Why would you do that? Because they all vote on the decisions that affect your life and they also sit on other boards, like the Air Pollution Control District, Planning and Building, LAFCO, and many more. City Council Members also sit on these boards, as do board members of the Community Service Districts. These various boards decided the plastic bag ban by one vote, and the one that cast that vote knew it was not what his district wanted.
It was the Board of Supervisors that listened to the pleas for "regulatory support" from a company that did energy audits and voted to pass a regulation that requires all county homeowners to get an energy audit before they can sell a home. Those audits aren't cheap, and although you don't have to follow all the recommendations before selling, you do have to share the report with a buyer. I was there. Most of those speaking on the issue were against the regulation, but the two supervisors who never saw a regulation they didn't like voted for it, along with an unelected appointee who was filling the chair of a deceased member who would not have voted for it.
The county supervisors will affect your life -- not just your own supervisor , but the other four, as well. All the candidates for my First District are nice people. I've met them all and I've seen them in action. But I only know of one I believe will spend my tax money wisely and respect my property and water rights. That would be John Peschong. I've watch the others on the Paso Robles City Council and in other settings. That's why John Peschong is getting my vote.
|John Peschong and Lynn Compton at Meet and Greet, © B. Radisavljevic|
Debbie Arnold and Lynn Compton also represent my views on the BOS, even though I can't vote for them. Lynn isn't running this time, but I'm supporting Debbie because she is looking out for the interests of tax payers and property owners and votes against regulations that reek of cronyism.
Those on the Board of Supervisors often go on to run for higher office. Katcho Achadjian was on the board and then ran for the 35th Assembly District. He says in his ads that he won't go along to get along, but he is responsible for authoring a bill to form a water district that would have violated the water rights of rural landowners in the Paso Robles Water Basin.
Fortunately, due to the diligent efforts of Cindy Steinbeck in educating people who were affected, the voters defeated the formation of that district -- a district that would have provided no new water sources. Instead, it would have forced rural landowners to meter their wells, which they paid for and have to maintain, to let someone else control the water which they have rights to by law, and to pay an extra fee for someone to manage it. There's no way I will vote to send Katcho, the establishment candidate, to Congress. I believe he will go along to get along. He has in the past.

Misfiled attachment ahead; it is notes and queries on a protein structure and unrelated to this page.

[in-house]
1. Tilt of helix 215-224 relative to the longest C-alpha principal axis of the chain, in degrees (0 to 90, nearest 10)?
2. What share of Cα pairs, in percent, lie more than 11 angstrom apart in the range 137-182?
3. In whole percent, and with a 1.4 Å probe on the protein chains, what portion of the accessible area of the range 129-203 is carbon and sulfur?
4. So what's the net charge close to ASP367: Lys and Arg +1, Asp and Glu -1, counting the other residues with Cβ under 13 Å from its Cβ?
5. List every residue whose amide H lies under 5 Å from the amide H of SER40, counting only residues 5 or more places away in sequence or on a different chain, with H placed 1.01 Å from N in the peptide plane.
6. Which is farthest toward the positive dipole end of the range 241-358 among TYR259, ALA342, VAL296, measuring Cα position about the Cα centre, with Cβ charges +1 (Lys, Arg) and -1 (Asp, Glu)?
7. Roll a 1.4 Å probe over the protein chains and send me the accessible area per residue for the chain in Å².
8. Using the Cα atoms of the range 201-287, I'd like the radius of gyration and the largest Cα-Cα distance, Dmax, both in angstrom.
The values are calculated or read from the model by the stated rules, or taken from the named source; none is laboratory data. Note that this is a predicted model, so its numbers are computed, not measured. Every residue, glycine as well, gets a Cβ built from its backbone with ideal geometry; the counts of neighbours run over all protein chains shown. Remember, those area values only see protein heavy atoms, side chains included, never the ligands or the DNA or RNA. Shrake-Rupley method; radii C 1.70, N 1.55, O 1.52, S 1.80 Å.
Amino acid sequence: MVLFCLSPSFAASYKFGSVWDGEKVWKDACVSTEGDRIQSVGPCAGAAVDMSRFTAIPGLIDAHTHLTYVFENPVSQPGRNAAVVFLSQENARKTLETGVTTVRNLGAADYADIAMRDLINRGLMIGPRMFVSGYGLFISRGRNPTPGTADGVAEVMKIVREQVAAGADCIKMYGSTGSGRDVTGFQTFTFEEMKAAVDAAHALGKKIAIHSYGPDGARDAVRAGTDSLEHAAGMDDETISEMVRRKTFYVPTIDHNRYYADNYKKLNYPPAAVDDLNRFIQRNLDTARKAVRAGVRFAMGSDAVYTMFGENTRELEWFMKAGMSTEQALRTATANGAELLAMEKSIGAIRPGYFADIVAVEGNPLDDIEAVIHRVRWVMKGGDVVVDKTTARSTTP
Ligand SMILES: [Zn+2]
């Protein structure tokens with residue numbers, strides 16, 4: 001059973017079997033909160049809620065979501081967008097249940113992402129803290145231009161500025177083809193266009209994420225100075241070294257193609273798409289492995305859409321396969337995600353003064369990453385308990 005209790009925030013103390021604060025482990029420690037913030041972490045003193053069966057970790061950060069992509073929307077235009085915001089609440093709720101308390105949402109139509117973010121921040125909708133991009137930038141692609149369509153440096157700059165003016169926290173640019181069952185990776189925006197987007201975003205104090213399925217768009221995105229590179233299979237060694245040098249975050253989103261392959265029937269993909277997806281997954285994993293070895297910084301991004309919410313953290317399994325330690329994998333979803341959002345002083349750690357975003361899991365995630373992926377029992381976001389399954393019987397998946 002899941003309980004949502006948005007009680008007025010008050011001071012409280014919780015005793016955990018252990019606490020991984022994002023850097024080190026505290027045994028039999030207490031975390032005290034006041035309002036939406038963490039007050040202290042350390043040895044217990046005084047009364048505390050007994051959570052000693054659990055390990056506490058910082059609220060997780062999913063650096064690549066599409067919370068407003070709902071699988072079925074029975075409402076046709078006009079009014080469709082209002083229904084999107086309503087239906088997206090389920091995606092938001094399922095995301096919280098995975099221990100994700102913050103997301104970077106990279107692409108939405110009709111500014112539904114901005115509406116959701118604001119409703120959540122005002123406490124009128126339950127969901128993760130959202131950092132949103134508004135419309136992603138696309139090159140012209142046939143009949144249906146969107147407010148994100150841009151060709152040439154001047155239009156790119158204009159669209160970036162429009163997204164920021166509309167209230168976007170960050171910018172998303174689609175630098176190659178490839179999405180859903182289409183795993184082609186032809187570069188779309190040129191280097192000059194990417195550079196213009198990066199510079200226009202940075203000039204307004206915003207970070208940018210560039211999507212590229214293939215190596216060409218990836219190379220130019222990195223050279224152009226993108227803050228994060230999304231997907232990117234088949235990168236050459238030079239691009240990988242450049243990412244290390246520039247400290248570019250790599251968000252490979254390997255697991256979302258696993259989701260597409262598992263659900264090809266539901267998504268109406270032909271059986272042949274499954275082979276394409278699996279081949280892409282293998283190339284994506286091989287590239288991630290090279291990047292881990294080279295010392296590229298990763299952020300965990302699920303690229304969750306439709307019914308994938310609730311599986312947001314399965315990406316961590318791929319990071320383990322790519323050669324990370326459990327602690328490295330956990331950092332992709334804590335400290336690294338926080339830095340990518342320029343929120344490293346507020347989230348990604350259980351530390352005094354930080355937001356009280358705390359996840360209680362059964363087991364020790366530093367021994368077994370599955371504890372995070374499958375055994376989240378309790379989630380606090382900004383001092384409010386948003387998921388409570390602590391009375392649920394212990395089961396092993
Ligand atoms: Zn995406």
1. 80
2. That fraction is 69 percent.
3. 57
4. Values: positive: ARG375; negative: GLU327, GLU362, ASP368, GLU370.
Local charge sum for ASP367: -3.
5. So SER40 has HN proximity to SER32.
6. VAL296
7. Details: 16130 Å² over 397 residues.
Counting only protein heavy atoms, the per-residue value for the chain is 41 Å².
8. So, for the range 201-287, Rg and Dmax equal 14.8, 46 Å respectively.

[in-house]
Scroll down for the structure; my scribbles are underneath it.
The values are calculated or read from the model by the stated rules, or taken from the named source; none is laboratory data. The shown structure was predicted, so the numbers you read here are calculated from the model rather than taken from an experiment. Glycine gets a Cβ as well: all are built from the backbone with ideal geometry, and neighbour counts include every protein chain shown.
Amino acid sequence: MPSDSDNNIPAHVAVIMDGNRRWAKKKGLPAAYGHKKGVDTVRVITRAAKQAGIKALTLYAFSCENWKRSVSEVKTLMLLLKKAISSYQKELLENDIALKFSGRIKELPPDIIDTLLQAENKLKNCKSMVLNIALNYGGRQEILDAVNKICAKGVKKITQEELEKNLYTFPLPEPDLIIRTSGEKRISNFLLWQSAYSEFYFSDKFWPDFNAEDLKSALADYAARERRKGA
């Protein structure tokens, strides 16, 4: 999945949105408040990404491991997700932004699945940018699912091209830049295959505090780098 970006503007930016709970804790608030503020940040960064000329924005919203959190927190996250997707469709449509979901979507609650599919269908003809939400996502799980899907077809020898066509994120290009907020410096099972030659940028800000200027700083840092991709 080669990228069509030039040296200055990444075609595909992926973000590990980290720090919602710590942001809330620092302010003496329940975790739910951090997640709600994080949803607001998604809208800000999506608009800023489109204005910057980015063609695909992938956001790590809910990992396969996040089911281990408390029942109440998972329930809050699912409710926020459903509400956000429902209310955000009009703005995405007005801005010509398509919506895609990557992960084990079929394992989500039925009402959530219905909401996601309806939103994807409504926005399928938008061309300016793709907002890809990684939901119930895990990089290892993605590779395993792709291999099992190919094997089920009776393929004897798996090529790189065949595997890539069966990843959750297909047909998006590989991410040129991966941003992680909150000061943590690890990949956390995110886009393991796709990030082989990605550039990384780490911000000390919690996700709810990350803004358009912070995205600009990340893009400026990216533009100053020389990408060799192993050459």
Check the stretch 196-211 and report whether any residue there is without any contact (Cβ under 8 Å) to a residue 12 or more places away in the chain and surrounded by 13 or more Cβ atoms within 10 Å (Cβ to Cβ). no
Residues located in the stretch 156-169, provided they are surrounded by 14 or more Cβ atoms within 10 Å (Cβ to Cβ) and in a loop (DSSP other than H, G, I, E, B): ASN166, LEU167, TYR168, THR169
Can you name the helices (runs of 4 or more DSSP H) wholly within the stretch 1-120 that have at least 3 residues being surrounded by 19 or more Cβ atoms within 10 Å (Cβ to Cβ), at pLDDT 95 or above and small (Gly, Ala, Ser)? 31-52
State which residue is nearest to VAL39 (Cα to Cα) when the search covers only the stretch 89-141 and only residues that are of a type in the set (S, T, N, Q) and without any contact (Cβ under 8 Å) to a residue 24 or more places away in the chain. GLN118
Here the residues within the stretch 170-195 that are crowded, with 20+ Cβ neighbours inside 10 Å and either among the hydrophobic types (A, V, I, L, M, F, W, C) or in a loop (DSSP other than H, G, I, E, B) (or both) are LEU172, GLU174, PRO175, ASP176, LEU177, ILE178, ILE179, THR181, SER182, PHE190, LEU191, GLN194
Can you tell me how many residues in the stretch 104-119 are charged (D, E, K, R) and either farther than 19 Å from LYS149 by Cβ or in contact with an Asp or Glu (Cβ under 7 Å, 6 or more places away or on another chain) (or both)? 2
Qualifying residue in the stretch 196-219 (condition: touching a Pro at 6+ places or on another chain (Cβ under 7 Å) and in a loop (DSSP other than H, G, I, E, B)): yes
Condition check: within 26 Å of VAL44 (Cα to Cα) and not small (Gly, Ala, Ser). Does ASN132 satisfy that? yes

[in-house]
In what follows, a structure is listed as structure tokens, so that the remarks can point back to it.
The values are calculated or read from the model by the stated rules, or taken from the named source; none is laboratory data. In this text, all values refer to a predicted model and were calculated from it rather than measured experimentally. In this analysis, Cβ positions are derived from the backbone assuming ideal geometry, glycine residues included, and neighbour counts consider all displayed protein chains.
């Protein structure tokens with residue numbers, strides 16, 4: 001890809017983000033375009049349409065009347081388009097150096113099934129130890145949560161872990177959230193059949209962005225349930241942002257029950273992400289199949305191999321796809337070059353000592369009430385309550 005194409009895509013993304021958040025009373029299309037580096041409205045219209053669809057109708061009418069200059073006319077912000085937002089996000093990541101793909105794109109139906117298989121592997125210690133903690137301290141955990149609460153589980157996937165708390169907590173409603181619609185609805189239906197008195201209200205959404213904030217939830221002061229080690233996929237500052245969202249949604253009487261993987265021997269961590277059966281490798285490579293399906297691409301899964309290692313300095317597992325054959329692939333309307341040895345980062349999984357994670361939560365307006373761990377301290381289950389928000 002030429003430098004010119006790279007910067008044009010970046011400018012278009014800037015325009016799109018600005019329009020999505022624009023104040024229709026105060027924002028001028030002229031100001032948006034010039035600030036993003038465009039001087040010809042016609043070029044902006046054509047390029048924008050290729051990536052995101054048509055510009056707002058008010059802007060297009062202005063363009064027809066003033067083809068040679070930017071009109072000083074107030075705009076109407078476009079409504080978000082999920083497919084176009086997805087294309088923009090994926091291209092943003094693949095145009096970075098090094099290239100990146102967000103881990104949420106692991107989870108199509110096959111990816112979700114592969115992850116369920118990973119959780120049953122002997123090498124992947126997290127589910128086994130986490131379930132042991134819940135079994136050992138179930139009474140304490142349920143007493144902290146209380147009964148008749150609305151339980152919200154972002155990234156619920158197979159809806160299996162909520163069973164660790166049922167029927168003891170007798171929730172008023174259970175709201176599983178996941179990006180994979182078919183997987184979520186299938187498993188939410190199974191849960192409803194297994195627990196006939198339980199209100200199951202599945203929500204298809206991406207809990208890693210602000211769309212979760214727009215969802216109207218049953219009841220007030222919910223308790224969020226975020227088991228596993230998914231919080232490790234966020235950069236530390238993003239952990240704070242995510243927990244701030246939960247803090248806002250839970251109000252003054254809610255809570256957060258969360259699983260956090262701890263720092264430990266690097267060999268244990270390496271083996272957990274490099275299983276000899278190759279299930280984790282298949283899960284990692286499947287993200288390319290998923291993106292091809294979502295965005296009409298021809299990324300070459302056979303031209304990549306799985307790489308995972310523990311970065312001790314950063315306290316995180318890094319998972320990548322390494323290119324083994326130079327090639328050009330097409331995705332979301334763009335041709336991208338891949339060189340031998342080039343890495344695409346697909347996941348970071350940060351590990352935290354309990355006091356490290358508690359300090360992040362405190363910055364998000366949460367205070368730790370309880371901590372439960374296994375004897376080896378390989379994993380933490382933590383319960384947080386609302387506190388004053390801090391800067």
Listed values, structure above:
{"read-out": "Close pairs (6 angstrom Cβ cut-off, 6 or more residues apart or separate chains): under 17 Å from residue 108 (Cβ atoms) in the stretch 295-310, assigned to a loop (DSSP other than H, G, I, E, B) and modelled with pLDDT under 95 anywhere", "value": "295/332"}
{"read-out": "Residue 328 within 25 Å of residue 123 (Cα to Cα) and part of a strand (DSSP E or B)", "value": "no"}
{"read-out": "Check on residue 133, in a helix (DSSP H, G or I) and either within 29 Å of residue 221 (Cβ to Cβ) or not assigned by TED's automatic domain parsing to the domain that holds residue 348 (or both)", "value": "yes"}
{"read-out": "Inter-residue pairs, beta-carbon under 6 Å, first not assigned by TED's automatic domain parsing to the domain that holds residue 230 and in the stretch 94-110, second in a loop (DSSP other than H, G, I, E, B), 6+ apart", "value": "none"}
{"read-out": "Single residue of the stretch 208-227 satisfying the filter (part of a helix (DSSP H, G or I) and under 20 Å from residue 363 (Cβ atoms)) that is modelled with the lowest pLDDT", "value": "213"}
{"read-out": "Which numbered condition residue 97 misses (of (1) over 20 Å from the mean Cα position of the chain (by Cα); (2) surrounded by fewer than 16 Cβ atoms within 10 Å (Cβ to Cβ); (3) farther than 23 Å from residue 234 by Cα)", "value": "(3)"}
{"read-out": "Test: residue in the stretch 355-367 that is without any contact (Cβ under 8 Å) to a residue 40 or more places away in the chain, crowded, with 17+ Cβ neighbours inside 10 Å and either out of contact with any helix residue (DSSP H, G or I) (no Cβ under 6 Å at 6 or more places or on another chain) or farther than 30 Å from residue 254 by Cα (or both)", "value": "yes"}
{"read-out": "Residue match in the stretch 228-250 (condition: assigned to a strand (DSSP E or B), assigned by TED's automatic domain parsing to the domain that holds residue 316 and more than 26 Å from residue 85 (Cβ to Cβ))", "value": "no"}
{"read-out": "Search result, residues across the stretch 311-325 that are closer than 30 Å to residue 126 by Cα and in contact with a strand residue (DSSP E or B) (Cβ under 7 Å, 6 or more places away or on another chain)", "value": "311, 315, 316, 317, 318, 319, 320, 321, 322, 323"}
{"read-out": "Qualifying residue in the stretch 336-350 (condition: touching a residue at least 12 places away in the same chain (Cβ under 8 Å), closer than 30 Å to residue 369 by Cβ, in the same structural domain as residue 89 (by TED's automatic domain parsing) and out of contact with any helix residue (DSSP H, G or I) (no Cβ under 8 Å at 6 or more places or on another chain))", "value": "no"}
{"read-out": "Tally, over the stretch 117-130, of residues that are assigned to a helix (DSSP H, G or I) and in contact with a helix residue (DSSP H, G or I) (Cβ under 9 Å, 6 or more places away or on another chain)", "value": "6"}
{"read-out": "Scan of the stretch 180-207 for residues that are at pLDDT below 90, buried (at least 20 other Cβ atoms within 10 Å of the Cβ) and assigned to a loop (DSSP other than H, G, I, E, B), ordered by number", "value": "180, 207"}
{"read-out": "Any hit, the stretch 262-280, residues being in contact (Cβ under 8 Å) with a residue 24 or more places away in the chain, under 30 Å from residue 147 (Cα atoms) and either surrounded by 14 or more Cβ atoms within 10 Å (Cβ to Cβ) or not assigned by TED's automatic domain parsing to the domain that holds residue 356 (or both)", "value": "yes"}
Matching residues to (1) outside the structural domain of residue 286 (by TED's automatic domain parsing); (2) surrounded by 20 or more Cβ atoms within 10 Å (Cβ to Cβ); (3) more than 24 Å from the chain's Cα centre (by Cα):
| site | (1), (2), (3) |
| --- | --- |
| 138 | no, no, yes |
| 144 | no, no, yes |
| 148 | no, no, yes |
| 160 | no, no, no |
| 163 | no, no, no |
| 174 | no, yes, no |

I don't know Justin Fareed. He was an establishment candidate for this seat in 2014 and lost to Lois Capps. Katcho endorsed him then. Some people I respect support him. I still have not made up my mind between him and Matt Kokkonen. If you have a strong preference, convince me in the comments.
Lastly, we need to fill the new seat in the 35th Assembly District that Katcho is vacating. I will be voting for Jordan Cunningham. I have known his family for years and I agree with his positions. He is the kind of young man I would like to see move up the political ladder some day if he stays committed to the principles he's running on, once he gets to Sacramento, and if he stands up to those in his own party who will try to control him.
When I vote for local officials, I'm thinking far ahead. The local candidates who get my vote are the ones I believe will earn their right to go higher up the political ladder by demonstrating what they stand for at the local level and representing those who voted for them -- not just big donors. I will vote, and then I will watch what happens when they are in office. You should do the same. It's not what happens during campaigns that really counts. It's what happens between campaigns when the winners are in office. Keep an eye on them.